THE OPHELIA SYNDROME

By Thomas G. Plummer

BYU TODAY September 1989

(Excerpt…)

“S.I. Hayakawa describes symptoms of the Ophelia Syndrome in his essay, “What Does It Mean to Be Creative?”:

Most people don’t know the answer to the question, “How are you? How do you feel?” The reason why they don’t know is that they are so busy feeling what they are supposed feel, thinking what they are supposed to think, that they never get down to examining their own deepest feelings. “How did you like the play?” “0h, it was a fine play. It was well reviewed in The New Yorker.” With authority figures like drama critics and book reviewers and teachers and professors telling us what to think and how to feel, many of us are busy playing roles, fulfilling other people’s expectations. As Republicans, we think what other Republicans think. As Catholics, we think what other Catholics think. And so on. Not many of us ask ourselves, “How do I feel? What do I think?” – and wait for an answer. (S.I. Hayakawa, “What Does It Mean to Be Creative?,” Through the Communication Barrier. ed. Arthur Chandler [New York: Harper & Row, 1979], 104-105)

Charles Schulz characterized the Ophelia Syndrome more succinctly in this “Peanuts” cartoon: (Charlie Brown’s little sister says: “We’ve been reading poems in school, but I never understand any of them.. How am I supposed to know which poems to like?” Charlie Brown answers: “Somebody tells you.”)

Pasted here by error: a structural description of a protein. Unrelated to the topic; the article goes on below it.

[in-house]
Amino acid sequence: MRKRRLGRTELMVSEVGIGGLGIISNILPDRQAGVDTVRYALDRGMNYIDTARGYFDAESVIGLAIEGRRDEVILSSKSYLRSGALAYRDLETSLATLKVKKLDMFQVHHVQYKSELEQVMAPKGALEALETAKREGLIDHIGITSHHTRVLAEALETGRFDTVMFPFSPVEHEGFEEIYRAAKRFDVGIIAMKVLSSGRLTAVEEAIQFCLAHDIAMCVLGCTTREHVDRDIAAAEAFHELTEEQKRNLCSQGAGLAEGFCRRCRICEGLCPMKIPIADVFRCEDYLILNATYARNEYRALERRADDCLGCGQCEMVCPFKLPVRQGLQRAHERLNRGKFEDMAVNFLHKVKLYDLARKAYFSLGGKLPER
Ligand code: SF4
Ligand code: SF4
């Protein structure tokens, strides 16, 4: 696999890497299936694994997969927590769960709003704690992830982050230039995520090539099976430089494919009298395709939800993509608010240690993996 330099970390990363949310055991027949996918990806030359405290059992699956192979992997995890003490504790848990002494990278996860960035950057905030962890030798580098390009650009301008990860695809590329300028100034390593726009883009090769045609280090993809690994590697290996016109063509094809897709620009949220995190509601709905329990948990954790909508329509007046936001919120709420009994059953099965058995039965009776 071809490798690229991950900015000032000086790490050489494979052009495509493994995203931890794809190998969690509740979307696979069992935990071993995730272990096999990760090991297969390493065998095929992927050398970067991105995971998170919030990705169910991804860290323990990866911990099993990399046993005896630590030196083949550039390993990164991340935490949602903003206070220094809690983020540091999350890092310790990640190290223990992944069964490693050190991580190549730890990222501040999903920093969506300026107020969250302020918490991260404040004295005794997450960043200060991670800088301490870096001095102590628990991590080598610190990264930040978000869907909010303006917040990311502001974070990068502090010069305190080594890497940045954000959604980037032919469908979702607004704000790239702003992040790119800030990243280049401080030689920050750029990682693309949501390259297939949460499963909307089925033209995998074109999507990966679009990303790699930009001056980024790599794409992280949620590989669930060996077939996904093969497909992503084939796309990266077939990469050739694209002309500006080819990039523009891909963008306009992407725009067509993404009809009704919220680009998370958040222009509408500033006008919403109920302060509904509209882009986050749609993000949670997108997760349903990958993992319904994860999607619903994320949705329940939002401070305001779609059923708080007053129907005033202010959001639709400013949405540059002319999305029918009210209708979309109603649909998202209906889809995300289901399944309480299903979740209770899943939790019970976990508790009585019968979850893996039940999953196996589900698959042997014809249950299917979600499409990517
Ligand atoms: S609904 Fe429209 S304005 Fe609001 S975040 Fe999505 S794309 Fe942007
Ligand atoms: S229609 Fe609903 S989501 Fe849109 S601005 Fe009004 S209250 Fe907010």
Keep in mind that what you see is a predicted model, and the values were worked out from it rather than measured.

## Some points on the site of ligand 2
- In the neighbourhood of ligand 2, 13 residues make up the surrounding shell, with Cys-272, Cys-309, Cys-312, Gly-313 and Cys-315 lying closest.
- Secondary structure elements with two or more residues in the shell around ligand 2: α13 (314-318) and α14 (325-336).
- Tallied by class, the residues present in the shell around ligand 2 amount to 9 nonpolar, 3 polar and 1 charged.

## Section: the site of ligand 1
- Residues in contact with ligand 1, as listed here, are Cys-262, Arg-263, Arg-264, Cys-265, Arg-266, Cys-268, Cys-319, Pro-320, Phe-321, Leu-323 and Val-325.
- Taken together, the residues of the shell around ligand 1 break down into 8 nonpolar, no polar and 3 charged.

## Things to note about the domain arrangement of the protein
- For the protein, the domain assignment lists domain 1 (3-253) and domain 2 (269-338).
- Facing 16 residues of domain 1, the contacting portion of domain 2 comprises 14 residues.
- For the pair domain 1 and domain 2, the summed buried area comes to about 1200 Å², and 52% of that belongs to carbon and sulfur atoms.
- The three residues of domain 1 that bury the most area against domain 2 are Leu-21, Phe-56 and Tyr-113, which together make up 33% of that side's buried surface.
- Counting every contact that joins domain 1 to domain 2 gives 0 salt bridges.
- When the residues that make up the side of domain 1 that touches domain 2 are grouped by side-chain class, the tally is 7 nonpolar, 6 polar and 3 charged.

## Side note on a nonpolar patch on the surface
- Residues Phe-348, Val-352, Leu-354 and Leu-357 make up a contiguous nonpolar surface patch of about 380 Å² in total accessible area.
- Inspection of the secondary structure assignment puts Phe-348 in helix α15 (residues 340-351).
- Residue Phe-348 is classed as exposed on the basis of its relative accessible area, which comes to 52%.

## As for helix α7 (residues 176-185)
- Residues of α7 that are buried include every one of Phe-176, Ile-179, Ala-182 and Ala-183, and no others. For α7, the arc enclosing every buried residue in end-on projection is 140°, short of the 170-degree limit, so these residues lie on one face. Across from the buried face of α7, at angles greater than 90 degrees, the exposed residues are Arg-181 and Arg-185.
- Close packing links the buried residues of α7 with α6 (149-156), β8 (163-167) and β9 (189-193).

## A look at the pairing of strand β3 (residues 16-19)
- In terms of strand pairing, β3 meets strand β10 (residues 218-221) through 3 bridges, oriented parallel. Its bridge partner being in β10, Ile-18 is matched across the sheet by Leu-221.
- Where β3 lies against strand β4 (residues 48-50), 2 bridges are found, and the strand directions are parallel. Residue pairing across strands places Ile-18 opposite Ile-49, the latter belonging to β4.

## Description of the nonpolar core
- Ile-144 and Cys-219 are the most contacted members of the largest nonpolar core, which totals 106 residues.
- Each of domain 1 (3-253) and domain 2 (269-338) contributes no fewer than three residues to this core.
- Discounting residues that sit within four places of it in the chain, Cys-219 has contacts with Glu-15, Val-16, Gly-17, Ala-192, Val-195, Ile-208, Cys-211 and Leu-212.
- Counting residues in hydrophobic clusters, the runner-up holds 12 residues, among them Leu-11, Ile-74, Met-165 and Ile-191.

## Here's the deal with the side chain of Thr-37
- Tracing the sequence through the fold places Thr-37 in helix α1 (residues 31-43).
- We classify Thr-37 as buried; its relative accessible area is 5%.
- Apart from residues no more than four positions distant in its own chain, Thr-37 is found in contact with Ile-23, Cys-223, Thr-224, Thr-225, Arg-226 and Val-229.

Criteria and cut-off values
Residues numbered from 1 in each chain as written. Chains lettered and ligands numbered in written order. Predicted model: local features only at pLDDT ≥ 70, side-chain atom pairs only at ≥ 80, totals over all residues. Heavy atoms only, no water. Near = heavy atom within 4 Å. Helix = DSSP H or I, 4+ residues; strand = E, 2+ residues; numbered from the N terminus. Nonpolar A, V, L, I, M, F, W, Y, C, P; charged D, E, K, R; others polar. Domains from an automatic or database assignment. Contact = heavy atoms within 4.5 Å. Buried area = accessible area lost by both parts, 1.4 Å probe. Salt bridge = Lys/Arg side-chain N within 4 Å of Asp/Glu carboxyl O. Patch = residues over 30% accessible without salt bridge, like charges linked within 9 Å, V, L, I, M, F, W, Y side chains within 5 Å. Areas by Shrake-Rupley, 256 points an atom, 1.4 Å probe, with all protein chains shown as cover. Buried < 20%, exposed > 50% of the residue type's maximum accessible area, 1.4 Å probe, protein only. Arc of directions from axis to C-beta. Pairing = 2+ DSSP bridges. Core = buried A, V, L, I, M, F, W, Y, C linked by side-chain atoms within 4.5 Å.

Psychologist Carl Jung describes this dependence on others for one’s thoughts in the context of his discussion of “individuation.” Individuation is the process of learning to differentiate oneself from others. It is a psychological “growing up.” It means to discover those aspects of the self that distinguish one person from another. Failure to achieve individuation leaves people dependent on other, stronger personalities for their identity. They fail to understand their uniqueness. (Carl G. Jung, Archetypes and the Collective Unconscious [New York: Pantheon Books, 1959])

I have a friend who is fond of saying, “If we both think the same way, one of us is unnecessary…”

For the entire article, go here:
http://www.usu.edu/account/faculty/nelson/ophelia.htm

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Posted on June 13, 2009, in Technology. Bookmark the permalink. Leave a comment.

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